The U.S. Environmental Protection Agency has agreed to expand the dredging of contaminated sediment from Pompton Lake, giving local residents and environmental groups some of what they requested almost a year ago.
But even as they praised the December 19 announcement, residents and activists cautioned that they still await a larger commitment to cleaning up chemicals from the old DuPont plant that have contaminated local soil, waterways, and air.
“My initial reaction is that this is a positive step, we’re glad the EPA listened to us,” said Lisa Riggiola of Citizens for a Clean Pompton Lakes. “But it does not address all the contamination issues.”
Operating through almost all the 20th century, the plant complex on high ground at the north end of the borough manufactured munitions, testing them onsite and discharging heavy metals and other chemicals into soil and ponds, as well as waterways running through the property and down to the lake.
Only in the 1980s did the Mayor Jack Sinsimer and other locals begin uncovering the extent of the contamination. Not until recent years did the company and environmental agencies acknowledge the existence of a “plume” of contamination running underneath about 450 homes and releasing hazardous vapors.
In the meantime, state and federal health authorities concluded that Pompton Lakes residents suffer from unusually high rates of some cancers.
Under the newly revised plan, EPA will require contractors for DuPont to remove at least 100,000 cubic yards of mercury-contaminated sediment from the delta of the Acid Brook, as well as 7,800 cubic yards from the lakeshore.
The Acid Brook, a dumping ground for wastes from the plant, had been considered remediated in the 1990s. But more recent studies found continued problems, particularly a concentration of pollution in the brook’s delta, now submerged in the lake.
The new plan follows a November 2011 EPA proposal to dredge some 68,000 cubic yards from about 26 acres of lake bottom. That was roundly criticized as insufficient, not only by residents, but also by former Gov. Jim Florio and Lois Gibbs, the Love Canal activist, who are considered the parents of the Superfund cleanup program. In a February 27 letter to the EPA, attorneys for the North Jersey District Water Supply Commission pointed out that while the agency had cited “minimal” public health impact, the lake is part of the commission’s drinking water system.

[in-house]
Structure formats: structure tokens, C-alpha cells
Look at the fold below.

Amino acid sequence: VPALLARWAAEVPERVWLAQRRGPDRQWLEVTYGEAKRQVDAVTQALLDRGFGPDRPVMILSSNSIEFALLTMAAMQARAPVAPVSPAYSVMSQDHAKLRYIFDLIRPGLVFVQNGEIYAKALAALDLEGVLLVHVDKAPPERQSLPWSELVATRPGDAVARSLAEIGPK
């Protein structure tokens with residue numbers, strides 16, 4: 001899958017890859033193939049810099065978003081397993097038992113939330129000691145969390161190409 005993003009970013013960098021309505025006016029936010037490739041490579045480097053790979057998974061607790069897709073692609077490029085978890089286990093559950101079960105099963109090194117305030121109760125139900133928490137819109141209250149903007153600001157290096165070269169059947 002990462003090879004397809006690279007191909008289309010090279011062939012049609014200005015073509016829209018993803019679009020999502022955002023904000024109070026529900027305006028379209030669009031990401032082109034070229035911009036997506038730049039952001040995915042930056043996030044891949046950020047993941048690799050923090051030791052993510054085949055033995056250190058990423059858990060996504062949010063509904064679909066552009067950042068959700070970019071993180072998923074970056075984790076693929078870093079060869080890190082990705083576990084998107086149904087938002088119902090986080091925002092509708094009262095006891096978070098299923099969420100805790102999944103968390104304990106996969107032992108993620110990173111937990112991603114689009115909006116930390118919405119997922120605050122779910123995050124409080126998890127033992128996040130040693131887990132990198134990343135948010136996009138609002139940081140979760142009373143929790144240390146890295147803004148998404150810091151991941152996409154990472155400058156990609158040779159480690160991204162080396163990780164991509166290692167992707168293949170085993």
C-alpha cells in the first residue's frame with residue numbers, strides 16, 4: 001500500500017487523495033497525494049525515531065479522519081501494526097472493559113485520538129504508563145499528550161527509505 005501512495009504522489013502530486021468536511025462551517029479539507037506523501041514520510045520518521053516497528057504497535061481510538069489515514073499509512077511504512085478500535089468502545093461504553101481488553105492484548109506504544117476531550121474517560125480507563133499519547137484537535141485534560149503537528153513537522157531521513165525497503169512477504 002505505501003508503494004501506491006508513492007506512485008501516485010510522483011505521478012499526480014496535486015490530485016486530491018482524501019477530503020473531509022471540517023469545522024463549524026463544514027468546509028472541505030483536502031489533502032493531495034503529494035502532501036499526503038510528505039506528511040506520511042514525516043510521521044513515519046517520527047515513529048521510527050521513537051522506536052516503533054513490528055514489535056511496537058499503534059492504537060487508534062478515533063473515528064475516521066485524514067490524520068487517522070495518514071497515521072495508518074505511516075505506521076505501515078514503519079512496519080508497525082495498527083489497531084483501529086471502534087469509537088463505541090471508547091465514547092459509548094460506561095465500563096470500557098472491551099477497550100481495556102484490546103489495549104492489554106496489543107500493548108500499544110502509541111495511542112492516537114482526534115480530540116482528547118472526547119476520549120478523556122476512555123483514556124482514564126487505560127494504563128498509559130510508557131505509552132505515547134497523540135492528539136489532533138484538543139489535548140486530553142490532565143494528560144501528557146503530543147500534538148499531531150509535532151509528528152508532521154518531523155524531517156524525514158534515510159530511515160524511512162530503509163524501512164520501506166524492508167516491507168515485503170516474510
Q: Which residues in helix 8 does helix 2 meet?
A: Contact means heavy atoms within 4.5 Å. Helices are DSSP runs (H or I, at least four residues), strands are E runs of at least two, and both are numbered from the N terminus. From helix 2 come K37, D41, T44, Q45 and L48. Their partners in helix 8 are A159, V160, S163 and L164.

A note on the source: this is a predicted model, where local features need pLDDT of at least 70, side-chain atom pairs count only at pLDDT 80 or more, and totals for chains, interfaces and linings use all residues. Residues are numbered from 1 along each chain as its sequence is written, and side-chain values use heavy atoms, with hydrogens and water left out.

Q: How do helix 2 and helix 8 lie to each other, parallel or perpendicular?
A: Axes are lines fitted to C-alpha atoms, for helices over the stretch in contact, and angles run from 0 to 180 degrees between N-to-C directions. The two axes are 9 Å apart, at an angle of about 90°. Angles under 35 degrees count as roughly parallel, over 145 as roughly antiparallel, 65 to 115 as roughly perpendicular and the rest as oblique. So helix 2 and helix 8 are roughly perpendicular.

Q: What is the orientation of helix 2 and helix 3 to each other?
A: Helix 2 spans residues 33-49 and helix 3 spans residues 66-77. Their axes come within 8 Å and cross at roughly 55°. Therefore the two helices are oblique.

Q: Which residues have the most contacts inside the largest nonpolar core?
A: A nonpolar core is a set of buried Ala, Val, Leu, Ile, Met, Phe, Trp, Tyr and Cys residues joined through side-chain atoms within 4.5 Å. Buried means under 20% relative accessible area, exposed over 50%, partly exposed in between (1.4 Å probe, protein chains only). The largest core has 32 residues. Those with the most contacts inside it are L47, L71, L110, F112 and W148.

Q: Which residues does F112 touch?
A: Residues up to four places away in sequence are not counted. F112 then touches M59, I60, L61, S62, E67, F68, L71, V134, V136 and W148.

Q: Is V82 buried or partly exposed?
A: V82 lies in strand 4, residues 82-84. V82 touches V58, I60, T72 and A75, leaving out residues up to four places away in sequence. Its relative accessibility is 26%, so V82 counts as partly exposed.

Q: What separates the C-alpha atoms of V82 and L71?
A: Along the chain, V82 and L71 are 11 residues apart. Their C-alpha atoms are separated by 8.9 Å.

The letter supported EPA’s decision to delay the dredging, and called for “specific studies designed to ensure that the water quality of the Pompton Lake remains suitable for use as a potable water diversion source.”
A spokesman said the commission and its attorneys are reviewing the revised plan.
In another letter, the U.S. Fish and Wildlife Service described the original plan as “a first step,” which appeared insufficient to halt and reverse contamination from the old plant.
In announcing the additional scope of work, the EPA did not acknowledge this opposition, but said the changes came in response to public comments. Judith Enck, the agency’s regional administer, called the sediment removal “a major step toward the recovery of the lake and the protection of people’s health.”
The EPA is making other changes to cleanup plans, according to Enck. These include restoration of soil along Lakeside Avenue, and additional studies to determine if further action is needed. But that language caused some uneasiness about a cleanup that has dragged on for 25 years, largely under state oversight, while the EPA refused to put it on the Superfund list although it meets the criteria.
“We still need to see more details,” Riggiola said. “The EPA and the Department of Energy are still doing reviews of the contamination coming off that site.”
With the EPA planning a January 13 hearing on the revised plan, Riggiola said her group wants engineering consultant Richard Chapin to review the changes before commenting in detail. Chapin previously criticized the dredging plan for ignoring “hot spots” on the Wayne side of the lake, despite requests from residents there.
Riggiola said also wants further analysis from two environmental groups that have advised residents, the Edison Wetlands Association and Public Employees for Environmental Responsibility.
Both initially concluded the new approach reflects some concessions by the EPA, but added that implementation details will decide how much more effective it is.
Over the years, cleanup efforts have been marked more by “delay and deception” than results, said Robert Spiegel of the wetlands association. The EPA should set firm deadlines for actions, and impose “significant fines” if DuPont fails to meet the targets, he said.
“This is their area of expertise,” he said of DuPont. “If they are saying they are unable to clean up the contamination, then they should buy out residents who want to leave and compensate those who want to go for the lost value of their properties.”
On his website, Bill Wolfe of Public Employees for Environmental Responsibility (PEER) noted that the EPA is still allowing DuPont to make some determinations critical to the course of future action, such as an ecological risk assessment.
Jeff Tittel, director of the New Jersey chapter of the Sierra Club, who has participated in hearings on the cleanup, said the job “should have been done 20 years ago.” While cleaning up the brook delta is important, “cleaning up the rest of the town is even more important,” he said.